Update: A long, substantive report tonight by reporters Dusty Lane and Joe Douglass, with many explosive allegations, including a well documented claim that UO delayed reporting the rape allegations to UO students in order to game the NCAA’s APR rules, and prevent penalties against Altman’s basketball program. Sick stuff.

So far, Interim President Coltrane is sticking with Gottfredson’s decisions to

  • not release the documents showing how UO responded,
  • shut down the Senate’s watchdog Intercollegiate Athletics Committee
  • appoint the remarkably complacent Tim Gleason as the replacement for FAR Jim O’Fallon – the man responsible for keeping track of UO’s NCAA “Academic Progress Rating”.

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9/8/2014: KATU reports on UO’s legal liability for alleged rapes – more tonight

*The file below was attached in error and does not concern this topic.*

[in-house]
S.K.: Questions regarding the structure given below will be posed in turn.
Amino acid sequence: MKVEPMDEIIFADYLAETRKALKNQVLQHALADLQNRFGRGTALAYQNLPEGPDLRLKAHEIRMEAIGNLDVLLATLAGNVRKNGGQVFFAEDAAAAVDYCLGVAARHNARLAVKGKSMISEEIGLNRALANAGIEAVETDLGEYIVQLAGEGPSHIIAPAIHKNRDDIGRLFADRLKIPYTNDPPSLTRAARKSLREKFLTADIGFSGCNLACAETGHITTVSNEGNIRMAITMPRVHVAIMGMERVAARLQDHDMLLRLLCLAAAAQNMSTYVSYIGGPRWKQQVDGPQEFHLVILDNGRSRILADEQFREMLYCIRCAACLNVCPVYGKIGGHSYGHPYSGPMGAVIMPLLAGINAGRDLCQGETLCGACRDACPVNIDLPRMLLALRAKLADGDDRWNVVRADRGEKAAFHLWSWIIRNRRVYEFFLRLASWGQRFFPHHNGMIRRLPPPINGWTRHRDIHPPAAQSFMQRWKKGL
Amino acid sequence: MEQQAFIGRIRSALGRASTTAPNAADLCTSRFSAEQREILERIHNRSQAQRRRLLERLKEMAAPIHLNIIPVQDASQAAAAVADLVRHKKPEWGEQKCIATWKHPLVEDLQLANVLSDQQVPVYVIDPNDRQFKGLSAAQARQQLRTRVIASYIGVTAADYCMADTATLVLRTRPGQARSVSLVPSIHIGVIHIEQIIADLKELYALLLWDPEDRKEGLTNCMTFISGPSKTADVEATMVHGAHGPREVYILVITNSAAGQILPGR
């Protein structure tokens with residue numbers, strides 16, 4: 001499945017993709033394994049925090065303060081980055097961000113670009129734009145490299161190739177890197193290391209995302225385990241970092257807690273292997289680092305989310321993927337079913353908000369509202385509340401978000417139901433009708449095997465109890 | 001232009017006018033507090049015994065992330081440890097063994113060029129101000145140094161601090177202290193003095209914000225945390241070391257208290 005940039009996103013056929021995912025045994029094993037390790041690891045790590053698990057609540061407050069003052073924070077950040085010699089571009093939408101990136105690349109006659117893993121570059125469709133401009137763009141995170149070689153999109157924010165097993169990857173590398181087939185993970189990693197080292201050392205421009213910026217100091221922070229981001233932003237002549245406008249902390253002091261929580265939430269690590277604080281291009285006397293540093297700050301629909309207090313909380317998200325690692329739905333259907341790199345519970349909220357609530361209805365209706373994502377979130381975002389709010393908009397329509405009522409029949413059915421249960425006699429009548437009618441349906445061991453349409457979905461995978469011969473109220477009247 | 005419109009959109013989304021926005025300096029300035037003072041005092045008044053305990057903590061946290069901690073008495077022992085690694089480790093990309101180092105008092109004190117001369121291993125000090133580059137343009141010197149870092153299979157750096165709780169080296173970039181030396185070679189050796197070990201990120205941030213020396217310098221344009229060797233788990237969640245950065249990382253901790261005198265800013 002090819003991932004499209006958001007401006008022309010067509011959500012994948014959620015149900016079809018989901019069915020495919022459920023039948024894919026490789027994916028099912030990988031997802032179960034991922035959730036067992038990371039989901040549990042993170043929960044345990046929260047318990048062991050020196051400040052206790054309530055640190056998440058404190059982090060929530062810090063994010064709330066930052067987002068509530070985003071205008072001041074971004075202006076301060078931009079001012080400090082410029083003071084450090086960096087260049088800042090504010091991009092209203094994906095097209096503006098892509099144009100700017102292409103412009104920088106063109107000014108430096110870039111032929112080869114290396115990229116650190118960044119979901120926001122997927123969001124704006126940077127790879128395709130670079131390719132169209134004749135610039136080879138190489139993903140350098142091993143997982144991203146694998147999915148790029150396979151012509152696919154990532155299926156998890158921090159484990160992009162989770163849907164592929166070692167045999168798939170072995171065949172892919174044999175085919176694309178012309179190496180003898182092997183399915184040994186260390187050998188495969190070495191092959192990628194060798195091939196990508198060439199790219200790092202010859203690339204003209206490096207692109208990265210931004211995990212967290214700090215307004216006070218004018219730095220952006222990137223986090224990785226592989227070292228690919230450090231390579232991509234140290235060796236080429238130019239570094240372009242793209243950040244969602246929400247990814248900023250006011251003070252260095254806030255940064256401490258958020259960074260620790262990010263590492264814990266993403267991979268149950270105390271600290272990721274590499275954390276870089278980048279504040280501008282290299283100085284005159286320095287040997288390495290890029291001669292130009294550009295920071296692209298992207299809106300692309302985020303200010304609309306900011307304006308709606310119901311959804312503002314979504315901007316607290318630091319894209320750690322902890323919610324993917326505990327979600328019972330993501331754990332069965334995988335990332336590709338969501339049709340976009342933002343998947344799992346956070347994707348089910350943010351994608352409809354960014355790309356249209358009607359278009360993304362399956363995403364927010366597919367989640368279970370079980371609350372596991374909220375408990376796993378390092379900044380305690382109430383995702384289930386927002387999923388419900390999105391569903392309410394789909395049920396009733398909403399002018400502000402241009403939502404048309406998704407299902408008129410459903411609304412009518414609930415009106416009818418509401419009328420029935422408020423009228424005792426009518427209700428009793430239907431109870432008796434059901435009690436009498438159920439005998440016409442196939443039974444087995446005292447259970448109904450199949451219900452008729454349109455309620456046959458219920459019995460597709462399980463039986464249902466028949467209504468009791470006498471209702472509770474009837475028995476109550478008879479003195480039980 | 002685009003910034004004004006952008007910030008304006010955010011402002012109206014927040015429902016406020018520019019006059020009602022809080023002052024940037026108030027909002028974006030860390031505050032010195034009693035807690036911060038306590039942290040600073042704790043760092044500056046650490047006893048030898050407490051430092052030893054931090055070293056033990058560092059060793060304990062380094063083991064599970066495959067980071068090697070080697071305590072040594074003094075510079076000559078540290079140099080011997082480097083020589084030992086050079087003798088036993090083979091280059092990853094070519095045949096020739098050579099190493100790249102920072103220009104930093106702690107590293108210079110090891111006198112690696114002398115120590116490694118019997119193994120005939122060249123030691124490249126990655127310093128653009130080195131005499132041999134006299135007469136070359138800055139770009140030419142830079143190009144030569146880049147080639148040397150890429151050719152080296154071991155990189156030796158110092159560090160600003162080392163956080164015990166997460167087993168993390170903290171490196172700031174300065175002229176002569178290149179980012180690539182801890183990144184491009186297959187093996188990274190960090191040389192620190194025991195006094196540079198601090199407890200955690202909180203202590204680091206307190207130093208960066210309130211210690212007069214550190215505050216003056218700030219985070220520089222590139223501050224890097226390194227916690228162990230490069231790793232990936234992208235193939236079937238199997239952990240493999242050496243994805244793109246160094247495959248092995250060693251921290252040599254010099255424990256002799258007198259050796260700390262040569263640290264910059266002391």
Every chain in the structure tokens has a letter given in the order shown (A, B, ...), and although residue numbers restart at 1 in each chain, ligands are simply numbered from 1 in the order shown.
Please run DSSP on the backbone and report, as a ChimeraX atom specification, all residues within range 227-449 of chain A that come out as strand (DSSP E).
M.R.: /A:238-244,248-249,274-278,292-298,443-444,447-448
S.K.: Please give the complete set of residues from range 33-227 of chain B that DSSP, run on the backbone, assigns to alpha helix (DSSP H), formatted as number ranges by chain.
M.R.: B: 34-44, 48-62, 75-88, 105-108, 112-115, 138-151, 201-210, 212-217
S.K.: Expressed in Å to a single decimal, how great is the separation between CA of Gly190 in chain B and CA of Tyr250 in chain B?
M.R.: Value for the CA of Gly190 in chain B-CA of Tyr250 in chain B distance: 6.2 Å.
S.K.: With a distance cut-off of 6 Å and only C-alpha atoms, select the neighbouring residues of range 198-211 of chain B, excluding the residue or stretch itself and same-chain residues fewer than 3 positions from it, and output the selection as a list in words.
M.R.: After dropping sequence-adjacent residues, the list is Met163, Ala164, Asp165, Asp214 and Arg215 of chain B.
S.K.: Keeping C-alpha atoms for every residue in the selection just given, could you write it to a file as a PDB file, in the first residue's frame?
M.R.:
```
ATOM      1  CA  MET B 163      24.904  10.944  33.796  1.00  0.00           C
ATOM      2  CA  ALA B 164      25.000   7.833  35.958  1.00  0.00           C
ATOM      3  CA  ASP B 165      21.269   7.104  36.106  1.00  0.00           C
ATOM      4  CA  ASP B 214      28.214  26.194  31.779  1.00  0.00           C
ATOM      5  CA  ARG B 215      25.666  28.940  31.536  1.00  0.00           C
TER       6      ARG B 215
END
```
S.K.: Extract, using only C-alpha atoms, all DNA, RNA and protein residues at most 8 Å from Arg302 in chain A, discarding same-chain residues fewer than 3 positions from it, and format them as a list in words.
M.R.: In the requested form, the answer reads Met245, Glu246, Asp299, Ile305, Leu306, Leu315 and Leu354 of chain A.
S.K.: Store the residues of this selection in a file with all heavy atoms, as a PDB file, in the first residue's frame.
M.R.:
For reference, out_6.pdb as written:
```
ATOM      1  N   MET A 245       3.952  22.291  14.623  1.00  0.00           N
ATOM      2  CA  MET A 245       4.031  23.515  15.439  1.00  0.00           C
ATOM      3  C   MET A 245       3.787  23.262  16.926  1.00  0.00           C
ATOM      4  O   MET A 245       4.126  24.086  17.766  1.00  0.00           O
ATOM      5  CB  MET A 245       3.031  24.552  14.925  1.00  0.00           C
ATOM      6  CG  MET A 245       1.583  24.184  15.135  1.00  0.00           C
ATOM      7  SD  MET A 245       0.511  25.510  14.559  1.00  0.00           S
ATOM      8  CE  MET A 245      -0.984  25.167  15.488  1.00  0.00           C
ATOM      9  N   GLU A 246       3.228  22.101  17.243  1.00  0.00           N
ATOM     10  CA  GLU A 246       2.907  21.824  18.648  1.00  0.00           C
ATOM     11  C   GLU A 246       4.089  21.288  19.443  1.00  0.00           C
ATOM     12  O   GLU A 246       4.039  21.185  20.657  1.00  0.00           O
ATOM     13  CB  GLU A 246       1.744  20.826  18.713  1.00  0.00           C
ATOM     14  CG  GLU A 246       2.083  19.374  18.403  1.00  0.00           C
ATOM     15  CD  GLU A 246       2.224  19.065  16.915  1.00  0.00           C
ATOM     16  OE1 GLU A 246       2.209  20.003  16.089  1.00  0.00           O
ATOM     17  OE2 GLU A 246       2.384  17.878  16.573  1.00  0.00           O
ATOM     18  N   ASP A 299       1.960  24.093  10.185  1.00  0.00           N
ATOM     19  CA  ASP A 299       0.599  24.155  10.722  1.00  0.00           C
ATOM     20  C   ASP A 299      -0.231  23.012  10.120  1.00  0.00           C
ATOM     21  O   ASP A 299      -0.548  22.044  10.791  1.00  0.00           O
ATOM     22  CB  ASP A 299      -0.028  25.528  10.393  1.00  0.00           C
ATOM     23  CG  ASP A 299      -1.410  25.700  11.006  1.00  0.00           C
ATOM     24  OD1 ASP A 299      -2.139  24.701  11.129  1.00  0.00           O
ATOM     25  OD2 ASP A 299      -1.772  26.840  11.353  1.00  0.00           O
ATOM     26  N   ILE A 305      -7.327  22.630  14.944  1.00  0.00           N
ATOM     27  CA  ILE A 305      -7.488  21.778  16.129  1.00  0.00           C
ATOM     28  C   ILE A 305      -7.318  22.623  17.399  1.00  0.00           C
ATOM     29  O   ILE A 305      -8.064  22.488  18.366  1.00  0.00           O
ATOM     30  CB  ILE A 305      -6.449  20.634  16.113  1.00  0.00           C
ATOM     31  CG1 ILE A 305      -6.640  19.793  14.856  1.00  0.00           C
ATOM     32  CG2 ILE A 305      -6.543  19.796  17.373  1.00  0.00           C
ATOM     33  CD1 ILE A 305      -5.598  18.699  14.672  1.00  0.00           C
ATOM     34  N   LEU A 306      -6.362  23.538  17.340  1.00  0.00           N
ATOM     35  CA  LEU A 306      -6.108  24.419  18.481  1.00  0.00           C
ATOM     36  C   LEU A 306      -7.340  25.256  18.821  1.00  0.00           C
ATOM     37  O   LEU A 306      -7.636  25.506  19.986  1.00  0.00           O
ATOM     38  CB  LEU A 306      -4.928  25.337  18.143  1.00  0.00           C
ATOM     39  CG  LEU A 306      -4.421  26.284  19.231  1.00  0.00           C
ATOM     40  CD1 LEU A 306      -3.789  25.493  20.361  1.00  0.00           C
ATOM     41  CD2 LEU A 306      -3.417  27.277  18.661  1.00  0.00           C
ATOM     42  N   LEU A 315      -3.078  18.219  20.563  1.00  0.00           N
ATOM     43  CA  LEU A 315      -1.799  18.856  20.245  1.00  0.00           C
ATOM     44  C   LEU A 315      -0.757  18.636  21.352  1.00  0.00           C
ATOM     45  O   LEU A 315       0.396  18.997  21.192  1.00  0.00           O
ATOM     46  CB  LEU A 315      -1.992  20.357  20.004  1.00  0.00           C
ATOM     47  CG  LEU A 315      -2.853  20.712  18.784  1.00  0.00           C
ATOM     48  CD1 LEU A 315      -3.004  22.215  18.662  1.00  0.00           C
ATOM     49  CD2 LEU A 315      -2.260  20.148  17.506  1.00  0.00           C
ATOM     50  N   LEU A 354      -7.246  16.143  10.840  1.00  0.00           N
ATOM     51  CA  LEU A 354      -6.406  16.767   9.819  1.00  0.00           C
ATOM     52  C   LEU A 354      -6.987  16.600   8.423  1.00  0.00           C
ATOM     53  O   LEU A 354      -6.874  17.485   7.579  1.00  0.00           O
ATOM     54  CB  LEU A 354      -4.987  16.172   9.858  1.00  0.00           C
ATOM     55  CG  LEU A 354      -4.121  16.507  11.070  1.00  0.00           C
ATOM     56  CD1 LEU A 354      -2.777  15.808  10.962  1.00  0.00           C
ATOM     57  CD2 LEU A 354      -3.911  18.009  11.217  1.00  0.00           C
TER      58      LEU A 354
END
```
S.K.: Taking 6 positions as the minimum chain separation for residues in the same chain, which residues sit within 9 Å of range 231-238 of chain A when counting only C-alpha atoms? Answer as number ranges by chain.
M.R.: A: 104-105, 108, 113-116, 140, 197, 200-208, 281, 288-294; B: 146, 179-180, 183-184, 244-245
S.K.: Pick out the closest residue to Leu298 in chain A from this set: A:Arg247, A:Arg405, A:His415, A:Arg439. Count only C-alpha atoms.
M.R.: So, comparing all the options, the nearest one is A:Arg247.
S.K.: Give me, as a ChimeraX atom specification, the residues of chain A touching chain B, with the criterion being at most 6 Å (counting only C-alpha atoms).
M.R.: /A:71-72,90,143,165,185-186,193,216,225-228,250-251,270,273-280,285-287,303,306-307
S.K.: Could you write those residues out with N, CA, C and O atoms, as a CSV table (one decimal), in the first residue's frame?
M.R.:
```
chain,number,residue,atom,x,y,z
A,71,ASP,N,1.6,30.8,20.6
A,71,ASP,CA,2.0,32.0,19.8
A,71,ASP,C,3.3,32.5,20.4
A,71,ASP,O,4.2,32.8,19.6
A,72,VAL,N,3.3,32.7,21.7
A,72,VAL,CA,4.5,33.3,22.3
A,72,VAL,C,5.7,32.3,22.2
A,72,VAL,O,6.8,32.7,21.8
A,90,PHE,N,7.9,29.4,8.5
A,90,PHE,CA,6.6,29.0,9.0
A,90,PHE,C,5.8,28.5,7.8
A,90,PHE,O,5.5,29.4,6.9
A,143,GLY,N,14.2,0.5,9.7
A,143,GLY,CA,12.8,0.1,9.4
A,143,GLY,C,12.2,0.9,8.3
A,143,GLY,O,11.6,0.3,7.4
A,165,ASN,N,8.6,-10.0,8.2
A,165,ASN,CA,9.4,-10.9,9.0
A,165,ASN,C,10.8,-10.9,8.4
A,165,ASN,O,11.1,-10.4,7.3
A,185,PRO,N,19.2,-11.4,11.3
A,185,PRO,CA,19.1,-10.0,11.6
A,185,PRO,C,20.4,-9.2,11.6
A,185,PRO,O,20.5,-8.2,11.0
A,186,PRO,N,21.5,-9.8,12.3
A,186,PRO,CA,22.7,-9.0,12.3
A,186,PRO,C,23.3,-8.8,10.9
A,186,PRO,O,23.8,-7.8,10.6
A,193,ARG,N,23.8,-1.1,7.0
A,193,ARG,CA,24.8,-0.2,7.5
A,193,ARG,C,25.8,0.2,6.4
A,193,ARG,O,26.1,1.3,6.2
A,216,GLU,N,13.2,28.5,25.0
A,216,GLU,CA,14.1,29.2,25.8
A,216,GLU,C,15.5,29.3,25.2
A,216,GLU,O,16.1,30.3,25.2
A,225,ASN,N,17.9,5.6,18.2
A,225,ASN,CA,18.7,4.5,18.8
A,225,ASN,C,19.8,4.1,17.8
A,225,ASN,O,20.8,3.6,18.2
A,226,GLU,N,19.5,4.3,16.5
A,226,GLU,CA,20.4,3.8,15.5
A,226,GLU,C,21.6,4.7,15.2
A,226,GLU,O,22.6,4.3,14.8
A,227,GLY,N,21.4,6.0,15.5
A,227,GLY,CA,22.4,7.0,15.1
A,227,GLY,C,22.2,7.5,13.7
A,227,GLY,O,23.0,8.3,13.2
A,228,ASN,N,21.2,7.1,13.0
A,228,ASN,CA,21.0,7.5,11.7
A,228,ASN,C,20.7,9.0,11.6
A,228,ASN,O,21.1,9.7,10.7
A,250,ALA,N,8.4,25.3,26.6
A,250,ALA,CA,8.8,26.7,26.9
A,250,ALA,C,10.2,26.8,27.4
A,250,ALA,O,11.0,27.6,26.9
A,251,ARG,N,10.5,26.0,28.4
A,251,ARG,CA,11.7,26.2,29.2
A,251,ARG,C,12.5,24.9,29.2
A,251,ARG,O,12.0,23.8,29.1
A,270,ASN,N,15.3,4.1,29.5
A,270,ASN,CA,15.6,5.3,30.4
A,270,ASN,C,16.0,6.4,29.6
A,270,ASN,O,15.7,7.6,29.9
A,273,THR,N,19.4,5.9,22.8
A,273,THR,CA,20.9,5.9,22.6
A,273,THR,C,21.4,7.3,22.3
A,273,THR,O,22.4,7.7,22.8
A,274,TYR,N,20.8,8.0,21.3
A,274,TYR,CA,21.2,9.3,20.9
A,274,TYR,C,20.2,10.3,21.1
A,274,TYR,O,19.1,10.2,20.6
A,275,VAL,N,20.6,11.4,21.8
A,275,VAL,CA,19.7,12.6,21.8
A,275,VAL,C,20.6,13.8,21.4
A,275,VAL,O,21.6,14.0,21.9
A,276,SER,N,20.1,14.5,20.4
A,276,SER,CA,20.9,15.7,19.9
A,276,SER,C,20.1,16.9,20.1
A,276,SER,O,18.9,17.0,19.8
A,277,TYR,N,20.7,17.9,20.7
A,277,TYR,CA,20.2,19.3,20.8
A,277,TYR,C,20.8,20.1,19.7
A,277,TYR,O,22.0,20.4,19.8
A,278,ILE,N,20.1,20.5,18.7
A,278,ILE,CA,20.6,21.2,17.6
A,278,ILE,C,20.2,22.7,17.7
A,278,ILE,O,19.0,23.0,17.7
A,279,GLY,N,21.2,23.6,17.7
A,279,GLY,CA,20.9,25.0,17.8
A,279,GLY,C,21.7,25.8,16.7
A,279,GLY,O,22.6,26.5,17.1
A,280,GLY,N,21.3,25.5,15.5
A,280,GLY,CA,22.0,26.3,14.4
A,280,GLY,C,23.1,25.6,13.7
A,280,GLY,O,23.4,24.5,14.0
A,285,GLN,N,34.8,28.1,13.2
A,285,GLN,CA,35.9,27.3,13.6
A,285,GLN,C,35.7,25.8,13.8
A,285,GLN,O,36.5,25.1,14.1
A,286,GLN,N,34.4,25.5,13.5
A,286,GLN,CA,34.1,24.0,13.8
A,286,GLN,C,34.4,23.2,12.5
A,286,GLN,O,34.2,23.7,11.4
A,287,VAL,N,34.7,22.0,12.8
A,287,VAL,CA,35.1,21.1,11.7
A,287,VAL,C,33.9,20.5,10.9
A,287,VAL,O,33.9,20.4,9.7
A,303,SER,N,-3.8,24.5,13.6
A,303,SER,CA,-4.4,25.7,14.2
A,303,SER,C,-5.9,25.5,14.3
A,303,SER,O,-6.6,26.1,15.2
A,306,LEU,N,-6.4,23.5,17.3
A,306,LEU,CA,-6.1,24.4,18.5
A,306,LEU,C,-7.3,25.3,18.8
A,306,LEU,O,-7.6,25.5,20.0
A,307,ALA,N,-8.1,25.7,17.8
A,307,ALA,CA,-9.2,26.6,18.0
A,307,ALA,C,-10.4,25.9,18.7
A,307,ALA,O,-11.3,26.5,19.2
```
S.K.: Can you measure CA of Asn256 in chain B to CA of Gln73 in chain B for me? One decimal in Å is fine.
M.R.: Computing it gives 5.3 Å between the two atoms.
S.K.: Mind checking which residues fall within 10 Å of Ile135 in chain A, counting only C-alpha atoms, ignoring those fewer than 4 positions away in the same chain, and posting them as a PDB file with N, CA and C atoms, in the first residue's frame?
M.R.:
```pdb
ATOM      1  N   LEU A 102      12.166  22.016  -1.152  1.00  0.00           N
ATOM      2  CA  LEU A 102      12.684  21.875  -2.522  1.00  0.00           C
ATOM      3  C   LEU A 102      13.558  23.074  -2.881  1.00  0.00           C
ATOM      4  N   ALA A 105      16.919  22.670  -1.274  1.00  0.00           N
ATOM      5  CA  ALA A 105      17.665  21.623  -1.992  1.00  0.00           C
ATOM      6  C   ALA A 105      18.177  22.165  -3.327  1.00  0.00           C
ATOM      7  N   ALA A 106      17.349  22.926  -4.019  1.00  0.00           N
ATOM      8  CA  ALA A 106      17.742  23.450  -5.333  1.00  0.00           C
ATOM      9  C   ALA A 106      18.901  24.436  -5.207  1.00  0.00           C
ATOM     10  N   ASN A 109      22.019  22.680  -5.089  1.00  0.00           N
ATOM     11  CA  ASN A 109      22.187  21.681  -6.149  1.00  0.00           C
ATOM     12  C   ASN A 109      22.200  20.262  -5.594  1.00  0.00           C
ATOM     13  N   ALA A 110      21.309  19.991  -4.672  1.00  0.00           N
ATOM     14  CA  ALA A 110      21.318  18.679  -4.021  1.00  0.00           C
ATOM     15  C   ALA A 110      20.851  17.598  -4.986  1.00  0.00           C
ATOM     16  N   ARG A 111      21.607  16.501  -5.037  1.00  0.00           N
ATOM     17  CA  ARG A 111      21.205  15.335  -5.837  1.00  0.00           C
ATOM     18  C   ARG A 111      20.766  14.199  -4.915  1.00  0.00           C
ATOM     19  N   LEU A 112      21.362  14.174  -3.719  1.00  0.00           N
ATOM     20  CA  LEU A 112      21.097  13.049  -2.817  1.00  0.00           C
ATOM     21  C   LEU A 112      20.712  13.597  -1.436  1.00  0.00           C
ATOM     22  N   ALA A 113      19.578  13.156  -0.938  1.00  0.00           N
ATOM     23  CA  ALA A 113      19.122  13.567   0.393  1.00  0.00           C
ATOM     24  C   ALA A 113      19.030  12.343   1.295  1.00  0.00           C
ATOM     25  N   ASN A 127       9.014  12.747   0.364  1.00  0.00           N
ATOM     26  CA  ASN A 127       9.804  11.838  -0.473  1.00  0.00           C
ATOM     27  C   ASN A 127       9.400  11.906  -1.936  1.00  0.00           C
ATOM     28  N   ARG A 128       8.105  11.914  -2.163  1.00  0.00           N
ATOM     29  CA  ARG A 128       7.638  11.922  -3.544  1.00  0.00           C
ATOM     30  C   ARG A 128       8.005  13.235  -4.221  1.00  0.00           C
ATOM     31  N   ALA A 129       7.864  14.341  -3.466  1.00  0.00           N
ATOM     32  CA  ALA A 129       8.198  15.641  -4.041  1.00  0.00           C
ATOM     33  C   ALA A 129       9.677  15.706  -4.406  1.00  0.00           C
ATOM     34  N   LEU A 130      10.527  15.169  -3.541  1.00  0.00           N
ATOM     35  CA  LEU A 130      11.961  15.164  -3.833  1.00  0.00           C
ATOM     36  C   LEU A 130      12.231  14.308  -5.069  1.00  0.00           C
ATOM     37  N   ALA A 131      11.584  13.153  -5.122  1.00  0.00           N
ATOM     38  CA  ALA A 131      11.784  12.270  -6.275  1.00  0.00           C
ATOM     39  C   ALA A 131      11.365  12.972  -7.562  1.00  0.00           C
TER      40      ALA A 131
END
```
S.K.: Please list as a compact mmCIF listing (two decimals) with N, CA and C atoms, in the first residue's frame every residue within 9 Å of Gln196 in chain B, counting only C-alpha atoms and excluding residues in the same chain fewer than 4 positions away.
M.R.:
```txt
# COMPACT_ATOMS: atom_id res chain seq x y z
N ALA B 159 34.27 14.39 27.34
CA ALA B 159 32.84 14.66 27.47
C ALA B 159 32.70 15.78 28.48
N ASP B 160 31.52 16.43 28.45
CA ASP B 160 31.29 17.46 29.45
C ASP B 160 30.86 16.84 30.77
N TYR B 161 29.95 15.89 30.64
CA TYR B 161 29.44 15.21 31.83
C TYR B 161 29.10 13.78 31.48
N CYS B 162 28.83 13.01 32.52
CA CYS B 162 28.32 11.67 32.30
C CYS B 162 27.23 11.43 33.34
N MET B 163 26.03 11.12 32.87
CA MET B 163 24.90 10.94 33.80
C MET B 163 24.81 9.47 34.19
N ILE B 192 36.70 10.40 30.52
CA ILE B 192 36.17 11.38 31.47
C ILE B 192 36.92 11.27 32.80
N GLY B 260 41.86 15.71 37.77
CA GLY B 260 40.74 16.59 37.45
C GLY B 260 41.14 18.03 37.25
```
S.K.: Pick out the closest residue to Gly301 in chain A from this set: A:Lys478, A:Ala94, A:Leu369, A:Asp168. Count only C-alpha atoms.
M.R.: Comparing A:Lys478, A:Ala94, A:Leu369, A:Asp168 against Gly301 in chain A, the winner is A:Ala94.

Here’s last night’s story, including interviews with Cheyney Ryan (Law) and Interim President Coltrane. The report closes with the note that KATU will have more hitherto undisclosed info tonight about UO’s pattern of failing to appropriately respond to sexual assault reports.

Any bets on how Coltrane will split the cost of dealing with all this between the academic and athletic sides of the budget? Presumably the academic budget has been stuck with bill for the $10K honoraria and expenses of Gottfredson’s review panel, but that’s likely to be the least part of it.

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UO Ducks avoid Notre Dame scandal by not making athletes write papers

It’s a national scandal – the NYT has the details here. Notre Dame was trying to make football players write papers. Fortunately the players, or their coaches, hired real students to do the work before any actual damage was done. Jim O’Fallon’s NCAA Infractions Committee will conduct a thorough investigation, just like they did for UNC.